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The News Board / Re: Brittany Ferries launch Cork - Santander route
« Last post by ccs on Today at 12:21:49 PM »
On the move again heading to Santander.
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The News Board / Re: Stena Line fleet movements
« Last post by ferryfan on Today at 11:04:50 AM »
I just received a text from Stena stating that
From May 14th the 15:10 departure from Dublin Port (SFX) will be moved back to 14:50 with a new arrival time in Holyhead of 18:20.
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The News Board / Re: HSC Dublin Swift
« Last post by ferryfan on Today at 11:01:20 AM »
I think the Holyhead departure is being brought forward as the Dublin Swift will be using T5 and she has to clear the berth for the Stena Adventurer arrival.

That could well be the reason as the Salt Island berth is undergoing some renovation works.
Dublin Swift made her first (and quite a slow) crossing to Holyhead this morning and is atm berthed at T5 as the Jonathan Swift is on the regular Salt Island berth.
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The News Board / Re: HSC Dublin Swift
« Last post by RorieLen on Today at 07:13:05 AM »
I think the Holyhead departure is being brought forward as the Dublin Swift will be using T5 and she has to clear the berth for the Stena Adventurer arrival.
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The News Board / Re: HSC Dublin Swift
« Last post by ferryfan on April 19, 2018, 10:21:43 PM »
Can anyone shed any light on why the timetable change is on 2 different days?

Swift dep. Dublin at 08:30 from May 2nd (change from 08:45)
Swfit dep. Holyhead at 11:30 from April 24th (change from 11:50)

It might have something to do with new ferry slot times allocated by the Port Company which have been revised in April and again for July to accommodate the WB sailings to Cherbourg and again in September to take account of WB arriving on the Central Corridor and Epsilon transferring to Cherbourg.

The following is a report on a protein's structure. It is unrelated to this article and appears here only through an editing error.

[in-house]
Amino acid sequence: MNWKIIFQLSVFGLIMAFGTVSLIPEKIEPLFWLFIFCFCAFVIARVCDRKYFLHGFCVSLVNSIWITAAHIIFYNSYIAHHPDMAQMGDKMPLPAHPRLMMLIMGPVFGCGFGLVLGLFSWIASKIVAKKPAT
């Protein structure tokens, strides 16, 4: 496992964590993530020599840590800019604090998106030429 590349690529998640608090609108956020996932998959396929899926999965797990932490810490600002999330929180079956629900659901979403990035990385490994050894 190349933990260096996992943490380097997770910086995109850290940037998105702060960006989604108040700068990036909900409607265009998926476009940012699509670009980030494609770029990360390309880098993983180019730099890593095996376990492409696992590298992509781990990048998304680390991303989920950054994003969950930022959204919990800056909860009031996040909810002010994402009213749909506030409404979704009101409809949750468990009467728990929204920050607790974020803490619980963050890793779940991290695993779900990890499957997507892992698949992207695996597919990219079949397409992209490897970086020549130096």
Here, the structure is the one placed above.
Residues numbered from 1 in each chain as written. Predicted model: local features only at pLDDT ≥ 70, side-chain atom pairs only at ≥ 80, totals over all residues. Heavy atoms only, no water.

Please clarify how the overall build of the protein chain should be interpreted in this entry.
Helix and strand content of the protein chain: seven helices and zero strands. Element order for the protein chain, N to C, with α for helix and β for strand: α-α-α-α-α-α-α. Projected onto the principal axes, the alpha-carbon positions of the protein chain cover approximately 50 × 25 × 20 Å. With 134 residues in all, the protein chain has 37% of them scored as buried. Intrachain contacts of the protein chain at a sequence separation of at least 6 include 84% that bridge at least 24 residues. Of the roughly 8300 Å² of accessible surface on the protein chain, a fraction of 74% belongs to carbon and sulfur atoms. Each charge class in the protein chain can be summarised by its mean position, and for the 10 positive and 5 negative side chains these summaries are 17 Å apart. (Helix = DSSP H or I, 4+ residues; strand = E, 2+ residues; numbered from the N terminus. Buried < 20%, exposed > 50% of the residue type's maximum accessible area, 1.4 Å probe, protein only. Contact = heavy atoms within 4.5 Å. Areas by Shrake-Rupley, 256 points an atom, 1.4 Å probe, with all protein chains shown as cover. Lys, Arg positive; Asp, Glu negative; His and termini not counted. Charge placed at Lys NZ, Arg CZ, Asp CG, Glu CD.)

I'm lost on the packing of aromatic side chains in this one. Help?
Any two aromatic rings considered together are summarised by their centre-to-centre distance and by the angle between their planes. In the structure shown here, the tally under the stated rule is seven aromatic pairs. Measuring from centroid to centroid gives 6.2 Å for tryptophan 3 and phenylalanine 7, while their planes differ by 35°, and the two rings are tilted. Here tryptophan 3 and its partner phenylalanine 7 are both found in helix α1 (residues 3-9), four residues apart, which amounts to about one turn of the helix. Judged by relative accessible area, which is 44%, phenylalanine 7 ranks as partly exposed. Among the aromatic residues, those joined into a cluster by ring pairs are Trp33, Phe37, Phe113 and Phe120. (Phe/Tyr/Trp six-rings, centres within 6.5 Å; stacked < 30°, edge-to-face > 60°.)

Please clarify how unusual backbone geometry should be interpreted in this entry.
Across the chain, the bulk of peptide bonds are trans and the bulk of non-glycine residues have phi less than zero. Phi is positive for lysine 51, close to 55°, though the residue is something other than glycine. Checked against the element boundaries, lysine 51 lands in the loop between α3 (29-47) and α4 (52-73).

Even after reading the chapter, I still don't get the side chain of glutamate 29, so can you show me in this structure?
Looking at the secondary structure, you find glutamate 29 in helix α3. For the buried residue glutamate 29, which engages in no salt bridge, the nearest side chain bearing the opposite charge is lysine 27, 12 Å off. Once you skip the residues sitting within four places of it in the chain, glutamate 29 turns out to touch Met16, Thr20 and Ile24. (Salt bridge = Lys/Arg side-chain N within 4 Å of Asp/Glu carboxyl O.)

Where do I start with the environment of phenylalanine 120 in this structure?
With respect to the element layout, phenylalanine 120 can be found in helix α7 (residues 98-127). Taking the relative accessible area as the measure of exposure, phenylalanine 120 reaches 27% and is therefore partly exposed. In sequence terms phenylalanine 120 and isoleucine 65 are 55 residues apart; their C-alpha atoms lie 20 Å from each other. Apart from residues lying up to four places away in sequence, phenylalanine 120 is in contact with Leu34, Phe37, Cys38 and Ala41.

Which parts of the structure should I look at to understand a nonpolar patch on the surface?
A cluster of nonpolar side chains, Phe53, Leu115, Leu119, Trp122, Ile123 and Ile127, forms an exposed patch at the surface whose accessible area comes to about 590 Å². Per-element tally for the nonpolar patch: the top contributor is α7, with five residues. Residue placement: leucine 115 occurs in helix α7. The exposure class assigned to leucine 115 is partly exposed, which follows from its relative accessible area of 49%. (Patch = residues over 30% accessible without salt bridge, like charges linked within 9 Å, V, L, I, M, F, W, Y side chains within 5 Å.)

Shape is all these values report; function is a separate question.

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The News Board / Re: Brittany Ferries launch Cork - Santander route
« Last post by ccs on April 19, 2018, 08:52:42 PM »
Connemara arrived in Gibraltar this evening.
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The News Board / Re: Brittany Ferries launch Cork - Santander route
« Last post by ccs on April 19, 2018, 07:02:33 PM »
First sailing out back to 3rd May ex Santander according to ]http://www.eldiariomontanes.es/cantabria/estreno-ruta-cork-20180418205419-nt.html]

Google translate of first couple of paragraphs
Finally, it will not be on April 29, as it was initially said, but on May 3 when the first direct route between the cities of Santander and Cork (Ireland) will start operating, which will be the first and only direct ferry line between the two countries. Last minute delays in the arrival of the ship to the shipyards of Astander (Astillero), where the final touches and tests will be given, have caused those days of difference between the announced and the real premiere.
The details of the line have been known for weeks but this Wednesday, on the occasion of the events for the 40 years of Brittany Ferries in Santander and the opening of the exhibition on this maritime relationship, the local, national and port authorities have given quote to present a route that according to the Minister of Development, Íñigo de la Serna, opens "a new horizon of relations" with Ireland, at a time "especially complicated" in the relationship of the United Kingdom with the EU.
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The News Board / Re: HSC Dublin Swift
« Last post by jgf on April 19, 2018, 01:57:34 PM »
Can anyone shed any light on why the timetable change is on 2 different days?